We are used to playing competitive games. Football, indians and cow-boys, poker or rock-paper-scissors are all competitive games. Whether I win and you loose, or the other way around.
Competitive games are useful for learning things like getting more than your fair share during a negotiation or like killing the enemies of your people.
For the last decades, war has decreased and Toyota taught us about the importance of win-win negotiations for sustainable business. You need to teach a new set of skills for cooperation instead of competition. That’s why you need more cooperative games… or turning our competitive games into cooperative ones.
Jenga is a tradicional basic game. A group of people take turns for removing little wooden bricks from the bottom of a tower and try to put them on top of it. The first person making the tower fall, loses.
In this competitive game:
- You want everyone else to fail, so you’ll make moves that let the worst case scenario for the next player.
- You are interested in the shortest possible tower. The faster someone fails, the easier you win.
How about turning competitive Jenga into cooperative Jenga?
Let’s say the rules are changed so the goal is building the highest possible tower between everyone. The rest of the rules are left the same. Now:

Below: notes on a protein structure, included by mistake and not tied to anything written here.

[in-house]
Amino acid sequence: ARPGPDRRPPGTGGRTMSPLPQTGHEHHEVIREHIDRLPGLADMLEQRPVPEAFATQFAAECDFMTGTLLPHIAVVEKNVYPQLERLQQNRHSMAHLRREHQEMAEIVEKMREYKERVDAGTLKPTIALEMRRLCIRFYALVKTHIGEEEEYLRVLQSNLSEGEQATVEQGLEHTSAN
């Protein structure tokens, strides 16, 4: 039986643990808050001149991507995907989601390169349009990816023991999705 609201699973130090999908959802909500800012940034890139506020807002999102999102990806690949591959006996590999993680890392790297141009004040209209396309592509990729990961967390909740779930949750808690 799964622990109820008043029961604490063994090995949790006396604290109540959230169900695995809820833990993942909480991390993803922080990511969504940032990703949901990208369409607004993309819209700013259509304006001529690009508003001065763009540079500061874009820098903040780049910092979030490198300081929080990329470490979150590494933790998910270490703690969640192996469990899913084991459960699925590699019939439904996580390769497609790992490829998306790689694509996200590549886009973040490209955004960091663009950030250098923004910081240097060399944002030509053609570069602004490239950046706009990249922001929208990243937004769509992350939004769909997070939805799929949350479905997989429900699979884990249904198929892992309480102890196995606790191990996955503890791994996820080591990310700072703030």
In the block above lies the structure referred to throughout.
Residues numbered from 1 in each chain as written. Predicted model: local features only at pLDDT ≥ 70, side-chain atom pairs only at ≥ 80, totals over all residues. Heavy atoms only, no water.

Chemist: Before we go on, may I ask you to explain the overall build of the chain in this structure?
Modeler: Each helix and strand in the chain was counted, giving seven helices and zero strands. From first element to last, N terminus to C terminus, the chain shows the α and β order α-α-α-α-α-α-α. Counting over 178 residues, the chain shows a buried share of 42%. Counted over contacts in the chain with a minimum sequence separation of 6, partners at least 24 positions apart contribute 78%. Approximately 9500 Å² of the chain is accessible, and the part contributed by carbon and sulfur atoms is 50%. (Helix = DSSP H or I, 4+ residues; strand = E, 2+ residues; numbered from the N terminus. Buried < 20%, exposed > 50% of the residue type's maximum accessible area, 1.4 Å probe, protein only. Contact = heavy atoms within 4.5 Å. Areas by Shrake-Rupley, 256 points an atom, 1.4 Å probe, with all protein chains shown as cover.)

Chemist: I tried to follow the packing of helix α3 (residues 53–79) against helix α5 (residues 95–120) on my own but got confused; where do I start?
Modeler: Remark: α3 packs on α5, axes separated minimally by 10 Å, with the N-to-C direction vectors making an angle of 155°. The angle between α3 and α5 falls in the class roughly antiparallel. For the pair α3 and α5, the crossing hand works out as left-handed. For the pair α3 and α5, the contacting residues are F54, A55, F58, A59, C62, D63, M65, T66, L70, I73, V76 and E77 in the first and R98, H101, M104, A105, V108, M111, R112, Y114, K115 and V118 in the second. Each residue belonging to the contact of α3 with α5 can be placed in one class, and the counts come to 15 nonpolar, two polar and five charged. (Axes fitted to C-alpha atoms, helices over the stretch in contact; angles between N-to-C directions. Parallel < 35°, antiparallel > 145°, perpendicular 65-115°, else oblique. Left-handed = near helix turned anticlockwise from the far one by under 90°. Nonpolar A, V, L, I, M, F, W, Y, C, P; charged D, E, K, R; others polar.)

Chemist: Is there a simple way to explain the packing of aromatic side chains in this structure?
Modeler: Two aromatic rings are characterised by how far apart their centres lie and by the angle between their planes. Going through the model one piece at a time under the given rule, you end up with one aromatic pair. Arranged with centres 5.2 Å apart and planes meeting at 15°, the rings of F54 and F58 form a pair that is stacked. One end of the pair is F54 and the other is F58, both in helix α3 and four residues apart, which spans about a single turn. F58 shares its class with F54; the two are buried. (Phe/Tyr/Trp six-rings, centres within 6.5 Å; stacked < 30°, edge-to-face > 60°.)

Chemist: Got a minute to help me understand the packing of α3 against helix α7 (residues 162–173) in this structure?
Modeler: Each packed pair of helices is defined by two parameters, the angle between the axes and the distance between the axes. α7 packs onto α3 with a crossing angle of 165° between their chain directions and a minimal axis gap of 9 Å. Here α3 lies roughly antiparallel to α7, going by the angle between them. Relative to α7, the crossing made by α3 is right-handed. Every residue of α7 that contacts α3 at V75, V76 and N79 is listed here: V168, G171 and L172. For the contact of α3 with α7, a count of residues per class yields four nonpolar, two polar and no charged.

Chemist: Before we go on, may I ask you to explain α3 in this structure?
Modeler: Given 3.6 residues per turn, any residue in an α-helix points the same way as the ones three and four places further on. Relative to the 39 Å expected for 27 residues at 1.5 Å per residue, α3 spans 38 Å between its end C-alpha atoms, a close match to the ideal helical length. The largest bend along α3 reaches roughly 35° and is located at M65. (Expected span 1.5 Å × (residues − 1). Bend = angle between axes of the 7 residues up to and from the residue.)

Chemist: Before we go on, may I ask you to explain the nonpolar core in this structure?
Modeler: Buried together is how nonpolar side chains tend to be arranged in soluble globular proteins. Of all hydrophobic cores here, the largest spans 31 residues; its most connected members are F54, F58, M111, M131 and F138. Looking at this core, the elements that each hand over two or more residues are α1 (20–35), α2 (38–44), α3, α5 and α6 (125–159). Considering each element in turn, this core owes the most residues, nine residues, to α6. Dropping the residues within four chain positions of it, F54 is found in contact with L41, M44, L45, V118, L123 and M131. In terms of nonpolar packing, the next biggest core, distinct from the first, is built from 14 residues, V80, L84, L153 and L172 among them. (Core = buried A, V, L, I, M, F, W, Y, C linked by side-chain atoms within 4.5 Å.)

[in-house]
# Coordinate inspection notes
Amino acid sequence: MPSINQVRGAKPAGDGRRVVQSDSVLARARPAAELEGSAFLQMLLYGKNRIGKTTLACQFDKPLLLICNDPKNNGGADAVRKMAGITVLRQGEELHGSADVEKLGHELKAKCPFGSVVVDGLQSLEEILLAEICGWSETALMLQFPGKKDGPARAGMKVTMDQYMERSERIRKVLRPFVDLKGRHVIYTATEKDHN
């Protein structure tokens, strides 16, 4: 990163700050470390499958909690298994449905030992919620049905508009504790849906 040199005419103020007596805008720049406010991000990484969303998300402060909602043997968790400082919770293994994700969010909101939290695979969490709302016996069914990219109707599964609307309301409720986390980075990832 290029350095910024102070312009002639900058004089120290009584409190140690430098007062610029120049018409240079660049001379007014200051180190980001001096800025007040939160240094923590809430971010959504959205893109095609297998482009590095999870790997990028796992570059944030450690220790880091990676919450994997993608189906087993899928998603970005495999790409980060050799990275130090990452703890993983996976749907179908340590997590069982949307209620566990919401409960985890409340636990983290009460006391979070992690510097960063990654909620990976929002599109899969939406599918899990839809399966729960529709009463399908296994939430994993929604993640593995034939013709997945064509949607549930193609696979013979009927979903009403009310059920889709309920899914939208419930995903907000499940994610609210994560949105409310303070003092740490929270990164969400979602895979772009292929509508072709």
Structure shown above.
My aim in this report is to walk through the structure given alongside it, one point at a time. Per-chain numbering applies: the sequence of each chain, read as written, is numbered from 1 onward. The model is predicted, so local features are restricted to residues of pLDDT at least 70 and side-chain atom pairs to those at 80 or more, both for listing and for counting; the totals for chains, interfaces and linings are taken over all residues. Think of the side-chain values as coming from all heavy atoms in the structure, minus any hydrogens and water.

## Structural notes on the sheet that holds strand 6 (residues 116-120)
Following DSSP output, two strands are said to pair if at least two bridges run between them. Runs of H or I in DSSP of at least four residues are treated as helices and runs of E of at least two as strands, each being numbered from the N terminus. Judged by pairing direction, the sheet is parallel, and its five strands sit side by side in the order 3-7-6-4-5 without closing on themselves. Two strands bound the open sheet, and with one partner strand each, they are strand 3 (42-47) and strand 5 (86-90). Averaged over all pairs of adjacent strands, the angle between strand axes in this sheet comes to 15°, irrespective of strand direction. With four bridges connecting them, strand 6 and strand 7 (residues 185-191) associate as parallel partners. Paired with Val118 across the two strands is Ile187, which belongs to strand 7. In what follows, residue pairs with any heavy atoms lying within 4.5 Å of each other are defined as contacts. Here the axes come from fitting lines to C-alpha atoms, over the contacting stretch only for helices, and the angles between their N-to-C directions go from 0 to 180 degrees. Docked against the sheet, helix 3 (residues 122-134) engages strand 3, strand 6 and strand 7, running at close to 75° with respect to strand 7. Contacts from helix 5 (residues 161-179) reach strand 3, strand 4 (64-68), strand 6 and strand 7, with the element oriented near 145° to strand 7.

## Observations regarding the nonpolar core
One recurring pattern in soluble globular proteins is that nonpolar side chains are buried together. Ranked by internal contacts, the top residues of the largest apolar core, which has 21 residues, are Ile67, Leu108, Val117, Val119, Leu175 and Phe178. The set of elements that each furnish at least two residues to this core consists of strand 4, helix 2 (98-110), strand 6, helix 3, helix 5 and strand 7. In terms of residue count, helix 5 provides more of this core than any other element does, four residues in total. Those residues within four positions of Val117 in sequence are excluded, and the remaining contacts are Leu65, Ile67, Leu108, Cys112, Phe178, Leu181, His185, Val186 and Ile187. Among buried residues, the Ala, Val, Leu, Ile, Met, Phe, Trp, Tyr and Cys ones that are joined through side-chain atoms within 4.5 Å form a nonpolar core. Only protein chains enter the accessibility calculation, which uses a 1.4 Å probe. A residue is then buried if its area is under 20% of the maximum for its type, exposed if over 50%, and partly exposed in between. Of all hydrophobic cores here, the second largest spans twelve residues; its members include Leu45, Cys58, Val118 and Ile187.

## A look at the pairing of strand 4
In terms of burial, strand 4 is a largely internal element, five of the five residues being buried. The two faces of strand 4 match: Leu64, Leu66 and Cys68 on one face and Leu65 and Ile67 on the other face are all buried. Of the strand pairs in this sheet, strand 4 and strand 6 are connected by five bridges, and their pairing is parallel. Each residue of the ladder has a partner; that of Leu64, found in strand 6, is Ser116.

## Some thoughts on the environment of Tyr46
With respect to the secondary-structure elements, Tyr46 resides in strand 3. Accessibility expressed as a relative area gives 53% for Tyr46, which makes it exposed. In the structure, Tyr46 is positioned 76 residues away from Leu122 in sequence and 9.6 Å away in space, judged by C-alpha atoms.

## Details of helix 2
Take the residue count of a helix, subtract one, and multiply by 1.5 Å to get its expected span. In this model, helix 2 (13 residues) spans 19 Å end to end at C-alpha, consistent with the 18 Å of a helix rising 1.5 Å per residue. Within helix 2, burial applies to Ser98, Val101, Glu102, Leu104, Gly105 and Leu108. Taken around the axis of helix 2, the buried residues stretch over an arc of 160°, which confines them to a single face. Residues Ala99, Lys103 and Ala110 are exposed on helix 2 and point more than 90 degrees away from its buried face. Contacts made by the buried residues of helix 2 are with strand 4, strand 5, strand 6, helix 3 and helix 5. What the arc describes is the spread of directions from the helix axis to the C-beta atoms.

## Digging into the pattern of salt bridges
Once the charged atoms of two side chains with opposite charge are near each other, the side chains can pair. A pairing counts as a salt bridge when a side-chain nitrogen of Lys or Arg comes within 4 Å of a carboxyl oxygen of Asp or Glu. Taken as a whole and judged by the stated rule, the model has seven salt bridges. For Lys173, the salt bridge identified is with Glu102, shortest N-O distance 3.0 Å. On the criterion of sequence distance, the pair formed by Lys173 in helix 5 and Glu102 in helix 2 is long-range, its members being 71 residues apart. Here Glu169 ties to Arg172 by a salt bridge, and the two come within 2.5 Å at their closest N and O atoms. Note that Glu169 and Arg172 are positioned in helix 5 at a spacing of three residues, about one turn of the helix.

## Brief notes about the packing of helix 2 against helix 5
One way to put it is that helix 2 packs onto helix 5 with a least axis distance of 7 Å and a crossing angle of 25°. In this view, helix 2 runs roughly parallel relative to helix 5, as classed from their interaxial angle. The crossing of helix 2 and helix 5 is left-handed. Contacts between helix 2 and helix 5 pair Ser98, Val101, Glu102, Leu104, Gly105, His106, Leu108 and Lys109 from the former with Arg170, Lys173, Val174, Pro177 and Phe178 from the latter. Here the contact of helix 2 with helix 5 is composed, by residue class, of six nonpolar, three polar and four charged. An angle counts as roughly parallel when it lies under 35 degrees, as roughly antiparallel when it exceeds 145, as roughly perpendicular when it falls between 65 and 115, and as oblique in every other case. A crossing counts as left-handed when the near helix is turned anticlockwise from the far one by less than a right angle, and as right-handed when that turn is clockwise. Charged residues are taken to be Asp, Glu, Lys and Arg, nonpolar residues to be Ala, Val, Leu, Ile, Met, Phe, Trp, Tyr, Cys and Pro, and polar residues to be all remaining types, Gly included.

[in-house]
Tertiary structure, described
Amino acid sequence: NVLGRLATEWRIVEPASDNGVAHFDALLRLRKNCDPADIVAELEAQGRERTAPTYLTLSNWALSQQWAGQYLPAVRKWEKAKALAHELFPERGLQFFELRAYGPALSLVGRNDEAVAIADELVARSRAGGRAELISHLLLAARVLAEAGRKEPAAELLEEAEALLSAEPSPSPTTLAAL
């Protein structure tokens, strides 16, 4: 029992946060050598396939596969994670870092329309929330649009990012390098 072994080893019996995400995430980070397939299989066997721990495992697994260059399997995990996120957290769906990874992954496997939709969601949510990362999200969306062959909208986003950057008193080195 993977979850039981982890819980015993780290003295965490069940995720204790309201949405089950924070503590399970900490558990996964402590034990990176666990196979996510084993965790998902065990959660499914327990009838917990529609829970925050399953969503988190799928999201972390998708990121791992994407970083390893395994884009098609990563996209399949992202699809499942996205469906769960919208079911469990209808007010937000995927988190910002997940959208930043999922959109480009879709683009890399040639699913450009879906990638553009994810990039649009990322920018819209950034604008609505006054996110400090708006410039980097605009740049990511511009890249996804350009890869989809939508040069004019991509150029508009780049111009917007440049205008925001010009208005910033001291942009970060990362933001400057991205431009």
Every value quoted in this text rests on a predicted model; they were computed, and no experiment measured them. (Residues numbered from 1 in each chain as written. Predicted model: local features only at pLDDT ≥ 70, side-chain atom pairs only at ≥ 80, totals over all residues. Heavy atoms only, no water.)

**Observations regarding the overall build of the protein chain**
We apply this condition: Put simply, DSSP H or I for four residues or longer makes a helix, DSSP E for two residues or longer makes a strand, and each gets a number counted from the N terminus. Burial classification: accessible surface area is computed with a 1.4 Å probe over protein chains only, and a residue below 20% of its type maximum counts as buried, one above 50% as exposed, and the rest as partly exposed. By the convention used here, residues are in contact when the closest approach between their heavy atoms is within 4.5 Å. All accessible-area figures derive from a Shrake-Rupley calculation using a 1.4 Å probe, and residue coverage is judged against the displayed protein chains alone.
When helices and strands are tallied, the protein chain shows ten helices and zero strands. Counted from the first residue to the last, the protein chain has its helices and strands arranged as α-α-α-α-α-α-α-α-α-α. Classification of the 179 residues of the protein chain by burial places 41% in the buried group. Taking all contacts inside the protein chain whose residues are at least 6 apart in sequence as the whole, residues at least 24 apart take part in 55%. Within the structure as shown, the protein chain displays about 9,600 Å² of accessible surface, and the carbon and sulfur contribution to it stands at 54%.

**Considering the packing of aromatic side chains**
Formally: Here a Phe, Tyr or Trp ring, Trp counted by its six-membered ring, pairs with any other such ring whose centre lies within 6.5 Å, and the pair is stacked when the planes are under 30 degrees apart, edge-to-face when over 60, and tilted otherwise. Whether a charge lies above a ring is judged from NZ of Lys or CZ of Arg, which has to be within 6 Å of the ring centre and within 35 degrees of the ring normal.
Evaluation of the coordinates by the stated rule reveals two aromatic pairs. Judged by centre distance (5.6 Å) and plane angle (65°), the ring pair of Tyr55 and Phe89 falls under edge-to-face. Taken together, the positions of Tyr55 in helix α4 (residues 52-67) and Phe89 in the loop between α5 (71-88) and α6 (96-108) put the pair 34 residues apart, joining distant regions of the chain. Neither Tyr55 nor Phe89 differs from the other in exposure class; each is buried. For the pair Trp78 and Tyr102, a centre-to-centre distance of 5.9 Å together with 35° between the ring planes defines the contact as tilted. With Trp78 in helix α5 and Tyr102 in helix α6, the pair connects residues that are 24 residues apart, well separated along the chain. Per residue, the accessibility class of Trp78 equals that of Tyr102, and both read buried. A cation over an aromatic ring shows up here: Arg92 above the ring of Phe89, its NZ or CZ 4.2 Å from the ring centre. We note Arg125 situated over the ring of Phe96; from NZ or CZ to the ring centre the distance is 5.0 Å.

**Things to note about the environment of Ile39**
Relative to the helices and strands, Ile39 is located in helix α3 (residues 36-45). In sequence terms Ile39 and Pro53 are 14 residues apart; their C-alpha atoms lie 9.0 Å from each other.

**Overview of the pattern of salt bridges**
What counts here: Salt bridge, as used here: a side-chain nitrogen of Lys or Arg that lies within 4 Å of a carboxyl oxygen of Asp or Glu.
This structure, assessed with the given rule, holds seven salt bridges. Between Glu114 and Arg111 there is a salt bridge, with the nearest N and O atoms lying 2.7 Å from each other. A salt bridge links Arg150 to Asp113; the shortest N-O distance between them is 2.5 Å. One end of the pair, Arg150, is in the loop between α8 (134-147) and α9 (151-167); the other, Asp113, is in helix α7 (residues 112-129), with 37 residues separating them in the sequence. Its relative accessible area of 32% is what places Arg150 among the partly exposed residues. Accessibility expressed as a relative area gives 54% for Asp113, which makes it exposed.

- You want everyone else to succeed, so you will do moves that facilitate the next person move.
- You are interested in giving advice, support and assistance to the others, so they make moves easier for them and also easier for a sustainable growth of the tower.
With Cooperative-Jenga you get longer games, cooperation and team building and a way of working based on sustainability and on helping others.
Help, cooperation, long-term thinking, sustainability… against rivalry, individuality and seeking for failure.
What are the skills you prefer learning and practicing today?
- The short game, the long game and the infinite game (Seth Godin): “In the infinite game, though, something completely different is going on. In the infinite game, the point is to keep playing, not to win. In the infinite game, the journey is all there is. And so, players in an infinite game never stop giving so they can take.”
- Don’t give up, don’t let others give up and absolutely never make others give up. “When a colleague is in trouble or has failed, you can always show up and offer some help, whether it represents a helping hand, a good piece of advice or just listening to some whining. As a team member, you always have the option to support the rest of the team.”
- Assertiveness (John Welford): “To be assertive is not, as some people imagine, to be overbearing and aggressive, but to be straightforward, open and honest. It means that you relate well to people, able to express your needs freely, take responsibility for your feelings and stand up for yourself when necessary. In conflict situations you seek, where possible, to reach a ‘win-win’ outcome, in which the needs of all parties are fully acknowledged.”